Friday, July 31, 2015

Casting Call


I can’t be the only novelist who fantasizes about one day seeing her characters romping around on the silver screen. It’s a joke, of course, so long as I continue to sell just about enough books to keep myself in coffee, but what’s the point of being a writer if you can’t make stuff up? Besides, because I approach the world from the perspective of an intensely visual person—even my story ideas begin as images in my head—casting my characters has become an important step in getting myself ready to write.

I work full-time, you see, on other things—and although I always plan to put in an hour or so at the end of each workday, too often I don’t get through an article on schedule or someone writes at 4 PM desperate for a file or a book or information only I can provide. As a result, every Friday requires me to reorient myself to my current characters and story. These blog posts offer a pathway for making that transition (one reason I update the blog each Friday). Editing previously written scenes and researching new ones also pull me back into the current book. 





A third method involves pictures: photographs, paintings, maps that represent my characters, settings, or plot points. As I mentioned last year in “The Technology of Writing,” one of the main things I love about the novel-writing program Storyist is that it lets me see my characters or settings as Polaroids pinned on a cork board while I’m writing. I choose paintings for many of the minor characters, especially the wonderful historical paintings of Konstantin and Vladimir Makovsky, some of which also appear on this blog. But for the major characters I choose actors, even though I am well aware that if my novels ever do give rise to screenplays, authors do not get to pick their own casts.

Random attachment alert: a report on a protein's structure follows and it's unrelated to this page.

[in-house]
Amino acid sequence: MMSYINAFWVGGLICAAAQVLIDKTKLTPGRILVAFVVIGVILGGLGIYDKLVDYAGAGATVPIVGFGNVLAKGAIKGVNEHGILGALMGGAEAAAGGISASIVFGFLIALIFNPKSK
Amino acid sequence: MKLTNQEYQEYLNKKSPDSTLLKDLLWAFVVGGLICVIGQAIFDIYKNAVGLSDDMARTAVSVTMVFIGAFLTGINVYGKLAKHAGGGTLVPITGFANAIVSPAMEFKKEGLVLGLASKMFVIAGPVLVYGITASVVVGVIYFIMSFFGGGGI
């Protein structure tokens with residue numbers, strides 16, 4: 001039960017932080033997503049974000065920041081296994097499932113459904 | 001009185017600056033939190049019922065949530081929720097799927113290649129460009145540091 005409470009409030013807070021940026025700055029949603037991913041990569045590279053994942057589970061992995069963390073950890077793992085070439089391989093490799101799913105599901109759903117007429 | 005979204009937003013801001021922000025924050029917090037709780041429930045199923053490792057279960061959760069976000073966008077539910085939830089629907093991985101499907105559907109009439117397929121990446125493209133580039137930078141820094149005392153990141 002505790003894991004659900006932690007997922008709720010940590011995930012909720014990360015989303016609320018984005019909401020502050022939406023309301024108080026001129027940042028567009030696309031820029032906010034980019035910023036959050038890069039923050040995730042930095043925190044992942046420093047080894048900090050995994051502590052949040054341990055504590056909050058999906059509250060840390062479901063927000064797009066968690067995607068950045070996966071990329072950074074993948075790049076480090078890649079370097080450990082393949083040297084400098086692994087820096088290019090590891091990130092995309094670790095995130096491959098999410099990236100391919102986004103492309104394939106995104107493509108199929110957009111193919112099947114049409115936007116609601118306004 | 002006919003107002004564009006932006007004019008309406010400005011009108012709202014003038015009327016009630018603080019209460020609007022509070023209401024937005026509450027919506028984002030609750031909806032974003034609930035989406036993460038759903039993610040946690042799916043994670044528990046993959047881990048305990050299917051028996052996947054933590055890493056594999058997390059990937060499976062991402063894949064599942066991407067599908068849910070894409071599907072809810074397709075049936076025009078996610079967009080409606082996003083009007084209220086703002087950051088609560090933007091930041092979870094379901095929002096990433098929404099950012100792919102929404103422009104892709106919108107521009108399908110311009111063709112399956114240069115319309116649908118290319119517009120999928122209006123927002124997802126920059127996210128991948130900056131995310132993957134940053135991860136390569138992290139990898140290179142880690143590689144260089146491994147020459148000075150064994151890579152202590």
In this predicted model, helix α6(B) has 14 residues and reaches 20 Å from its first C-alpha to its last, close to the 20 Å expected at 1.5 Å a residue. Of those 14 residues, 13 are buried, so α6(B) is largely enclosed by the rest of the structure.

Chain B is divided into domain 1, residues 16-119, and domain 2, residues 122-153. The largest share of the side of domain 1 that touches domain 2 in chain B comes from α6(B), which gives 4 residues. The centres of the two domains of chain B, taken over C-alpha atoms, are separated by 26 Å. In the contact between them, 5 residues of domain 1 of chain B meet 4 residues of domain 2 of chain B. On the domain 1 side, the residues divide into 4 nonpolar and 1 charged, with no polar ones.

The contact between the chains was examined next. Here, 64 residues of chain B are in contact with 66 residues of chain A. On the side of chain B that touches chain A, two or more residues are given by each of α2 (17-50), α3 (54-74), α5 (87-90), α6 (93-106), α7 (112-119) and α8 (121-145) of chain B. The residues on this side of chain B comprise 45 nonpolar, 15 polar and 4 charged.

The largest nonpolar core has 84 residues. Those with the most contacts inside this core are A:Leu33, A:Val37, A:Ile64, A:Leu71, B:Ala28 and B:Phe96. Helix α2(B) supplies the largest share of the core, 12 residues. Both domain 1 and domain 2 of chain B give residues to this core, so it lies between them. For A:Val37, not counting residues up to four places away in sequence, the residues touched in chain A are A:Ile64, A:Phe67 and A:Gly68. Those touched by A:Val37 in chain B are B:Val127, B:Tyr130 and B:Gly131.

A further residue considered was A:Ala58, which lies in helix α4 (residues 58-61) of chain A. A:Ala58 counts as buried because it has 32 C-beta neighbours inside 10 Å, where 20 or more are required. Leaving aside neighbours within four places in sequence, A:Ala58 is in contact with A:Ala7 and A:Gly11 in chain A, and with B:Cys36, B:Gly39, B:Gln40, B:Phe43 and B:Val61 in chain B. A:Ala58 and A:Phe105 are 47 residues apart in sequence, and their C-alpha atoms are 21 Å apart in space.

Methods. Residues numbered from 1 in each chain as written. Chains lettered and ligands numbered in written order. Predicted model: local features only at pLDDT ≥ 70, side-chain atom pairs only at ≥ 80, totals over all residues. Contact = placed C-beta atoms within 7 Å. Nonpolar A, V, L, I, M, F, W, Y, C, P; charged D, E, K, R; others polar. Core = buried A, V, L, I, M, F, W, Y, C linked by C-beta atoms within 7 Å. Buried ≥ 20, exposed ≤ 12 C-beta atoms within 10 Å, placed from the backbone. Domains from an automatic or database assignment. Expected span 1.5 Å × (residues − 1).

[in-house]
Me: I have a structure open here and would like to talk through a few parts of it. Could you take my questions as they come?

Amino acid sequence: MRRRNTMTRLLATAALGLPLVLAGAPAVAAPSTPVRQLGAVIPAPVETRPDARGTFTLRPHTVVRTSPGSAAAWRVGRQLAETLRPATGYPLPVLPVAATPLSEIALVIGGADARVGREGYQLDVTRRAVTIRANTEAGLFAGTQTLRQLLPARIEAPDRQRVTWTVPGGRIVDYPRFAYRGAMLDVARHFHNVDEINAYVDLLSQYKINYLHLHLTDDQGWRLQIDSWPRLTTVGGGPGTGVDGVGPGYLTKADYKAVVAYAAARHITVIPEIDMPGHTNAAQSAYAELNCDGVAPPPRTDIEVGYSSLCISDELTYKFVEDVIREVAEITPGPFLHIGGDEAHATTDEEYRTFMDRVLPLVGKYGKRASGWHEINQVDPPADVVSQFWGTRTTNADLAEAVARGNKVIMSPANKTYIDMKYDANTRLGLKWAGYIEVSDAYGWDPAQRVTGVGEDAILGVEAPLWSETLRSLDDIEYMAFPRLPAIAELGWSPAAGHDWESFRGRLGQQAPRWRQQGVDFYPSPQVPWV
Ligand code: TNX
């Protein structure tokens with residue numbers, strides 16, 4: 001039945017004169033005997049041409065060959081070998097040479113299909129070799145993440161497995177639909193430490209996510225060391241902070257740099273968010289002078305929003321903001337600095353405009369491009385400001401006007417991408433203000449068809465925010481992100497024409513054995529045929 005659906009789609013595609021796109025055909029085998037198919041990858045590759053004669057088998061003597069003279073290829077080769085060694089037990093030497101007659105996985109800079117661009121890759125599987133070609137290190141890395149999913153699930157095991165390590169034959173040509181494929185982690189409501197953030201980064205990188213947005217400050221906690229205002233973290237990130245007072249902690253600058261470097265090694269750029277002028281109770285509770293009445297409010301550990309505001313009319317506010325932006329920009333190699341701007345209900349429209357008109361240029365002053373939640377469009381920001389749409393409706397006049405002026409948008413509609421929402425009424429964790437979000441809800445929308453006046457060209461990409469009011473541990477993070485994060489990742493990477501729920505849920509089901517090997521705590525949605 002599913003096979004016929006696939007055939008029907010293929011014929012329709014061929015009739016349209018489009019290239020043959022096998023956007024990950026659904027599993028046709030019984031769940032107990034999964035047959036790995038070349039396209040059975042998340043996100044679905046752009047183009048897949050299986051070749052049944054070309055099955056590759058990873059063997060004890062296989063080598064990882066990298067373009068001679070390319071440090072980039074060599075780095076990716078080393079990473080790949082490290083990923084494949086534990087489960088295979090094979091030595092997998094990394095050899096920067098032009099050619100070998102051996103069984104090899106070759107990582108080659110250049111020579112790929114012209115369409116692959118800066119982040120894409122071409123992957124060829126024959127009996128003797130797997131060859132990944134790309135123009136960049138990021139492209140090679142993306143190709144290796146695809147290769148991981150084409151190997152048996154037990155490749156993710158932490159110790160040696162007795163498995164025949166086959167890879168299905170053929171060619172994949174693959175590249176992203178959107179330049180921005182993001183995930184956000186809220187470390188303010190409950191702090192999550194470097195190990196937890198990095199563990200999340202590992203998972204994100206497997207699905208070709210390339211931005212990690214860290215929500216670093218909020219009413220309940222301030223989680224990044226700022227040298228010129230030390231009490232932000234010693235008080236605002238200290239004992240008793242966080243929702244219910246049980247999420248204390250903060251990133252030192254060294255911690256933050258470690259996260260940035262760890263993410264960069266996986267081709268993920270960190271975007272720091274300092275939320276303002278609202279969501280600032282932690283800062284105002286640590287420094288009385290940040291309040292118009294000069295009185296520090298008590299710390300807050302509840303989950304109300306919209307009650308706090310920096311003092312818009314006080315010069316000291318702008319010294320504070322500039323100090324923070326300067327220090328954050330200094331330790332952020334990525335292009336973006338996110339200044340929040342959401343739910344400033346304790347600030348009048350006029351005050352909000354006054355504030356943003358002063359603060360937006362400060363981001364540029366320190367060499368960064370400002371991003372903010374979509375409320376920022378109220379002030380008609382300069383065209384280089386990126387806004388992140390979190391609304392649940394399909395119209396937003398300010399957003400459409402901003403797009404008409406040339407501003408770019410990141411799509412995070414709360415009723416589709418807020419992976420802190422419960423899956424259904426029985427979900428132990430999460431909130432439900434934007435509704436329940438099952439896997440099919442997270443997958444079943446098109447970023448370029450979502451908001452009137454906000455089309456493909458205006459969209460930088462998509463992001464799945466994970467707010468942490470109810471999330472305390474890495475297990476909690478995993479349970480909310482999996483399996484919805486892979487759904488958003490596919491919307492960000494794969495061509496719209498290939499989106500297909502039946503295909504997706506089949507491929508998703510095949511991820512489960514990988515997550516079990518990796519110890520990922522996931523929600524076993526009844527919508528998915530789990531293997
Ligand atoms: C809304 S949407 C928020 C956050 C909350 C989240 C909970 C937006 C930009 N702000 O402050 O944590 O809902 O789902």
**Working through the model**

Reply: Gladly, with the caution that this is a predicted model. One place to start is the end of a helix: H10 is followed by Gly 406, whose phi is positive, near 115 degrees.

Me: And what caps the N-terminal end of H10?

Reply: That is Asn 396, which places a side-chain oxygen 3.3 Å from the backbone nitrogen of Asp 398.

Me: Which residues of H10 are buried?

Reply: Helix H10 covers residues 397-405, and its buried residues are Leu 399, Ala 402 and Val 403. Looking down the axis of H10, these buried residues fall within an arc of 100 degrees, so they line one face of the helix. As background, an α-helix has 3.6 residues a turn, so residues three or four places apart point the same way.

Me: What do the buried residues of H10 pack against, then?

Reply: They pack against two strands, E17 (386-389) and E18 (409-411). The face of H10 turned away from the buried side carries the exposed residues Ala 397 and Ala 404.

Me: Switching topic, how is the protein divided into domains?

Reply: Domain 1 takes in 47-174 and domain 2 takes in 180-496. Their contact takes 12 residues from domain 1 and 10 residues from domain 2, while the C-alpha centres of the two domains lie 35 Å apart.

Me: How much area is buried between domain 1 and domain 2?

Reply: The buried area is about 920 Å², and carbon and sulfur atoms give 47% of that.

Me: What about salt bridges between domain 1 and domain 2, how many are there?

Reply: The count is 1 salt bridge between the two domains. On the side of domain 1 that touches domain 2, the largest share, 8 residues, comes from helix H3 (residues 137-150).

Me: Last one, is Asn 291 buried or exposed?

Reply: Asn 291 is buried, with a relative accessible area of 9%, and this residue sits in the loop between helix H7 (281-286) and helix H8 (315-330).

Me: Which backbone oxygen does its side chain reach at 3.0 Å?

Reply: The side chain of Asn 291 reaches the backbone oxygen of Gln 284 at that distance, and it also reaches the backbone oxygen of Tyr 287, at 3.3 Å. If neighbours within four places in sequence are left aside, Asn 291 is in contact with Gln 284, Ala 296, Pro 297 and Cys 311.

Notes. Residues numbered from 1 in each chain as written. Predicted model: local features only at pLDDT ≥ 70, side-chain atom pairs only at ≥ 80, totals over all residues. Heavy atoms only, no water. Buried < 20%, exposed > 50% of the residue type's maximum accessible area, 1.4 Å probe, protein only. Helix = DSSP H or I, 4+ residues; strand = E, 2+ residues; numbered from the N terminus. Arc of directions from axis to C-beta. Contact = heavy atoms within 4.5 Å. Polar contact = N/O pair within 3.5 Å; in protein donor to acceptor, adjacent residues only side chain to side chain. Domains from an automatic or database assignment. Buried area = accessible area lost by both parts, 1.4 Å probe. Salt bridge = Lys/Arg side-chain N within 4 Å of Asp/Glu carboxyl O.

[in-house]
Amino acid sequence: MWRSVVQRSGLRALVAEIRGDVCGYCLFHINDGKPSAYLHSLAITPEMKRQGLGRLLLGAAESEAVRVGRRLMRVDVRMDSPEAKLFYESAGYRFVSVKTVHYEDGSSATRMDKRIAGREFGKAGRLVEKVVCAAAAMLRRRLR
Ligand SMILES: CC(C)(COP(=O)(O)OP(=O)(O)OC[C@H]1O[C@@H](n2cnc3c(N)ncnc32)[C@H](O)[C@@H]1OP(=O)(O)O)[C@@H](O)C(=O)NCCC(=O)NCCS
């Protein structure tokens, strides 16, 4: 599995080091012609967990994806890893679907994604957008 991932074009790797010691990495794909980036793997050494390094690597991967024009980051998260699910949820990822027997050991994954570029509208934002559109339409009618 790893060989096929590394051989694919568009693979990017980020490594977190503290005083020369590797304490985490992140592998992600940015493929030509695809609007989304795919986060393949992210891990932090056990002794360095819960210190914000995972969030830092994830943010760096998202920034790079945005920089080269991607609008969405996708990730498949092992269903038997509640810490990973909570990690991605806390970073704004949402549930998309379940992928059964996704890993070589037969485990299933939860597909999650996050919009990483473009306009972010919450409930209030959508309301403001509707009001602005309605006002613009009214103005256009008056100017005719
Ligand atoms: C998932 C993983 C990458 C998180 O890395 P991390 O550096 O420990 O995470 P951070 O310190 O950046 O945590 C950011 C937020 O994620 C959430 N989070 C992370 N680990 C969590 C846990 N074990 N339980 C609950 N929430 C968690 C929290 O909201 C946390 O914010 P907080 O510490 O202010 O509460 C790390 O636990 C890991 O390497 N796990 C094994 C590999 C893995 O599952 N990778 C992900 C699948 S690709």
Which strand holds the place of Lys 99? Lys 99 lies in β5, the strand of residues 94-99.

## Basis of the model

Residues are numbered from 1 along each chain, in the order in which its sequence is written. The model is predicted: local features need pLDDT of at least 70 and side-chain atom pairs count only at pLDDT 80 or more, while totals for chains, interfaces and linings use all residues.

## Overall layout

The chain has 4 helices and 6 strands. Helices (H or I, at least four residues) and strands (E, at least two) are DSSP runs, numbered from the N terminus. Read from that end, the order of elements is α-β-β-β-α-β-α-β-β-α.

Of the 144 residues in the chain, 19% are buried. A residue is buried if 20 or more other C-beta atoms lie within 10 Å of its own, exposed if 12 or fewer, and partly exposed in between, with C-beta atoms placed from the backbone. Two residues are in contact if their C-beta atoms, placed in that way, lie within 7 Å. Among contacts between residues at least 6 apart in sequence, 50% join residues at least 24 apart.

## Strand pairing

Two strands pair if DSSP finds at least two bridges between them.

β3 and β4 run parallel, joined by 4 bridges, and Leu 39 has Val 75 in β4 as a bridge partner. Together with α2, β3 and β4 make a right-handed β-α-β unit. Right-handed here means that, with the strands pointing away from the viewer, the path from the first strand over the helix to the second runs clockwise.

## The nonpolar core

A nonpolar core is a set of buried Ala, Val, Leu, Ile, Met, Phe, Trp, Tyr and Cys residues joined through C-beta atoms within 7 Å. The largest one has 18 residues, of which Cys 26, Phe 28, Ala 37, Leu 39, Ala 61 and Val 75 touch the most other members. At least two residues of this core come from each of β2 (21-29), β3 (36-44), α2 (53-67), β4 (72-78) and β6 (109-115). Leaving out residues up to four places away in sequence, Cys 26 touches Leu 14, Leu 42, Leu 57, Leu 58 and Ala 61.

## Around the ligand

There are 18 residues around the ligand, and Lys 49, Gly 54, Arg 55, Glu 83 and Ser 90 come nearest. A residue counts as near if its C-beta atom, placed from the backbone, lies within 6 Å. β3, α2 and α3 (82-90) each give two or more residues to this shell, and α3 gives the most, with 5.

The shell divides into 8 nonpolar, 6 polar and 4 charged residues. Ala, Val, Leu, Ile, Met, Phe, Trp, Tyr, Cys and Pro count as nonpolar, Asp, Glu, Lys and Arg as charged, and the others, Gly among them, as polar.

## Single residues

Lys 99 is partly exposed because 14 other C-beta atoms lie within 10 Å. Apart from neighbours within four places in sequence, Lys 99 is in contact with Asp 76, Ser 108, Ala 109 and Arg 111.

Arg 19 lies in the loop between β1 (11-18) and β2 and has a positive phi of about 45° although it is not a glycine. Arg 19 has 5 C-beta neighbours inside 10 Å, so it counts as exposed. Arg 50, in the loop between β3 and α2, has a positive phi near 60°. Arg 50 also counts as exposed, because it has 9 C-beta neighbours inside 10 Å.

Since I first saw Chris Pine in the 2009 Star Trek reboot, I have imagined him as Daniil, hero of The Golden Lynx and my work-in-progress The Swan Princess. He has the right look and, more important, the right devil-may-care attitude. But since sixteenth-century Russian noblemen did not run around in Star Fleet uniforms, for years I relied on pictures of Henry Cavill as Charles Brandon in The Tudors (also a worthy contender for the role of Daniil!). Still, it made my day when, while procrastinating—er, priming the creative pump—on the Internet, I discovered screen shots of Chris Pine as Cinderella’s Prince Charming in Into the Woods. More eighteenth century than sixteenth, but close enough. At one point, he’s even riding a horse
. The joy of my weekend, thanks to a Netflix subscription, will be watching Prince Charming in action.

Here the poor man is about to get the boot (I think, based on the plot summary) from Anna Kendrick—who, although not my idea of Nasan, could be her in this particular shot. Woods play a big part in The Swan Princess, as one would expect in a novel set in the Russian North, and the dim light turns the actress’s hair to black, rather than its natural brown.




By the time The Golden Lynx finds its director, if it ever does, Pine will, alas, be too old for Daniil, who is nineteen at the beginning of the series and no more than twenty-five by the end. Some other as yet unknown young hot shot will have to take on the role. But for now, Captain Kirk will do just fine.


Images: Screen shots of my working file for The Swan Princess and from Into the Woods (2014).

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